If you or a loved one has been living with an asbestos-related disease, you probably know the value of various mesothelioma resources. The right healthcare team helps manage the symptoms. Caregivers help out with the day-to-day tasks, such as traveling, shopping or cooking. A good mesothelioma lawyer represents your interests in court and holds unscrupulous companies that use asbestos accountable.
There are various charitable organizations that can help out with these things. You may even be inspired to donate to one on behalf of someone you care about.
While this sentiment is always admirable, you may want to do your homework first to make sure that you are donating to an organization that is reputable and is likely to put your money to good and honest use.
‘Worst charities’ list hits the news
Kathy Latour, a blogger for Cure magazine, recently came across an article from the Tampa Bay Times that discussed the worst charities in the U.S. Appallingly, many of these organizations touted themselves as champions for cancer-related causes.
Why did these groups earn the dubious distinction as the worst charities? As it turns out, significant proportions of the donations they receive from good-hearted, hard-working citizens don’t actually fund the charitable work they promote. Instead, they go into the wallets of the administrators behind the organizations, who spend them on lavish cars and houses.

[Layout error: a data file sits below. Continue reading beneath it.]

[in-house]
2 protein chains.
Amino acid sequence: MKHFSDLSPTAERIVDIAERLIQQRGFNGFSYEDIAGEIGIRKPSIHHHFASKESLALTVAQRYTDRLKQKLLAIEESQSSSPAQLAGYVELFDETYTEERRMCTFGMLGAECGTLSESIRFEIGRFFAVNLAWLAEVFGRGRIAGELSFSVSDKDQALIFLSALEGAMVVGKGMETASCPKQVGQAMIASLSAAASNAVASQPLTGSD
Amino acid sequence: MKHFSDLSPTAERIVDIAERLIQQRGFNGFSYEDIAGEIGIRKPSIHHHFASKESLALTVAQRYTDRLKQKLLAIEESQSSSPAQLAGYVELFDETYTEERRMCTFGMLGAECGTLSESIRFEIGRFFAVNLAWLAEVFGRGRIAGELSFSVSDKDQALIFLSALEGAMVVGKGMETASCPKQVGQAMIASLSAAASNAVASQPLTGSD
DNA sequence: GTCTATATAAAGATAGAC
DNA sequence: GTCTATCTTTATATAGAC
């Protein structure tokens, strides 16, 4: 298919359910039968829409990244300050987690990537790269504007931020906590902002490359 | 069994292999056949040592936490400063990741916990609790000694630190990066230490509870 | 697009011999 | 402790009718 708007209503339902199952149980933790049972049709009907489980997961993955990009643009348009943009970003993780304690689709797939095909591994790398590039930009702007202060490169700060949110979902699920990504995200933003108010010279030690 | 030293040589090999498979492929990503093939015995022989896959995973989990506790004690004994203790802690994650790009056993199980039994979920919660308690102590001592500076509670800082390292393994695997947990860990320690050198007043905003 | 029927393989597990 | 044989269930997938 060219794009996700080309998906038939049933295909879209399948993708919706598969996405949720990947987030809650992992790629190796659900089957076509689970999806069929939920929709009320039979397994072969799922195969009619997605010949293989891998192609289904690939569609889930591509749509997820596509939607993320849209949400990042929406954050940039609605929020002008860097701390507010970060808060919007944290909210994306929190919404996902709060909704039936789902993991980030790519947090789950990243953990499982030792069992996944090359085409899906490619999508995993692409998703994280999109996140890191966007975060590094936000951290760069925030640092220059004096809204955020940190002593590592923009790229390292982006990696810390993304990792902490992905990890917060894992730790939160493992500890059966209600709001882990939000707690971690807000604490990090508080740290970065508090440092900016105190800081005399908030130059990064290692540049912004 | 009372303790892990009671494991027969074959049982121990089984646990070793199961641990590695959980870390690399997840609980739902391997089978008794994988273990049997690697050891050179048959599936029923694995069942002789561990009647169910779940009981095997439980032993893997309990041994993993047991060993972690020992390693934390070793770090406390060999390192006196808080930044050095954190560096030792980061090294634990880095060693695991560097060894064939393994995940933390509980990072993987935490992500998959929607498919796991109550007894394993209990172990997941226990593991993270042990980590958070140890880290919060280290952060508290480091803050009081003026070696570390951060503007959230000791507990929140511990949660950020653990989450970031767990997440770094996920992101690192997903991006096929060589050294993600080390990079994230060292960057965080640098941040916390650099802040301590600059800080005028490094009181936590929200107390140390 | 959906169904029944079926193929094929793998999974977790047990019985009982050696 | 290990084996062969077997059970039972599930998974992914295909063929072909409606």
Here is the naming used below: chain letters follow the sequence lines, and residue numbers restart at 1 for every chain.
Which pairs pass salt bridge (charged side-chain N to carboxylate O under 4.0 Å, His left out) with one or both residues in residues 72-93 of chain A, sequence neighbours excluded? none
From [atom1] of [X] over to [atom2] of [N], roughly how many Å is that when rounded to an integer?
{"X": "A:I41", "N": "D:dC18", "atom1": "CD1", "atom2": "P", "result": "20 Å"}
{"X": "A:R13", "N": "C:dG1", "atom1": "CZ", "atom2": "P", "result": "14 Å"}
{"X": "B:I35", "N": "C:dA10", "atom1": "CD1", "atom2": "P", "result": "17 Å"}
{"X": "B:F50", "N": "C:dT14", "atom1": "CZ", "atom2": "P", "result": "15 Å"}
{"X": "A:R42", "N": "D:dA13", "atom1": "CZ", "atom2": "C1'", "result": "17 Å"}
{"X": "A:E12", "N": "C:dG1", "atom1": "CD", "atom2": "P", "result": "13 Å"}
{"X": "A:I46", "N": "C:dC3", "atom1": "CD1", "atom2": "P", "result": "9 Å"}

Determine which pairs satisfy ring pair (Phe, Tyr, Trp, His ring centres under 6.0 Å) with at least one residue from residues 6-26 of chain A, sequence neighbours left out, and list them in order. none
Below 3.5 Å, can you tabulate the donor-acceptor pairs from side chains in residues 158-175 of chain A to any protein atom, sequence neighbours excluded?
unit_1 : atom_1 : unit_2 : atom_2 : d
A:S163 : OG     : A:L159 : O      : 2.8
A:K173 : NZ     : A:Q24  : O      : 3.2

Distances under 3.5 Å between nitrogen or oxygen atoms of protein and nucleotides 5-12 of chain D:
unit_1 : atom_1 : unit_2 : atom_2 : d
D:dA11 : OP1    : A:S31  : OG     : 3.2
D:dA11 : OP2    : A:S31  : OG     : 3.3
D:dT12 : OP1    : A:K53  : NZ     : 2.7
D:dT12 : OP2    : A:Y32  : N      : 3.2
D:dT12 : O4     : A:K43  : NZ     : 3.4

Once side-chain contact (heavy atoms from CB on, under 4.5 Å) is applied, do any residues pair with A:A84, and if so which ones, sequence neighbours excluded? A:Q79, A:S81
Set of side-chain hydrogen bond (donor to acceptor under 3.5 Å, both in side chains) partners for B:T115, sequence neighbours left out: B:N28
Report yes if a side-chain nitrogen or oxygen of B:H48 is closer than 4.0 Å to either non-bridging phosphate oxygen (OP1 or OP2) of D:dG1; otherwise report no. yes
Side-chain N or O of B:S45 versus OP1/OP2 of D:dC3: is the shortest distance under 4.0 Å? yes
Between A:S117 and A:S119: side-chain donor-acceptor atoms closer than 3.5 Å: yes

Here’s what Latour had to say on the matter:
“Nonprofits are awarded their status by the IRS based on having a board of directors and a mission. It’s not hard to do, which makes fraud easy. A legitimate nonprofit takes lots of hard work to raise money and to provide a mission. This doesn’t mean there is no paid staff. Nonprofits have to be run like a business, and because of fraud, the IRS now has a ruling that you can walk into any nonprofit and ask for their 990, which is documentation of what they have raised and what they declared to the IRS. Of course, those documents can also be falsified. So there are professional organizations who judge the legitimacy of nonprofits to help us know where to give money.”
Who should you donate to?
Latour then talked about a website that can help charitable people select the best recipients of their donations. Charity Navigator rates various organizations based on how they spend their donations. The website also provides a handy list with tips for consumers who wish to weed out unscrupulous and fraudulent charities.
Among the most important tips are avoiding groups that use middlemen to solicit donations, paying attention to organizations that have names similar to more reputable charities, confirming a group’s 501(c)(3) Status and obtaining copies of financial records.
Every year, more than 9,900 people in the U.S. die from asbestos-related diseases. That’s a relatively small number compared to other forms of cancer, but that doesn’t make the experience any less devastating for patients or their families. This is most definitely a worthy cause for charity.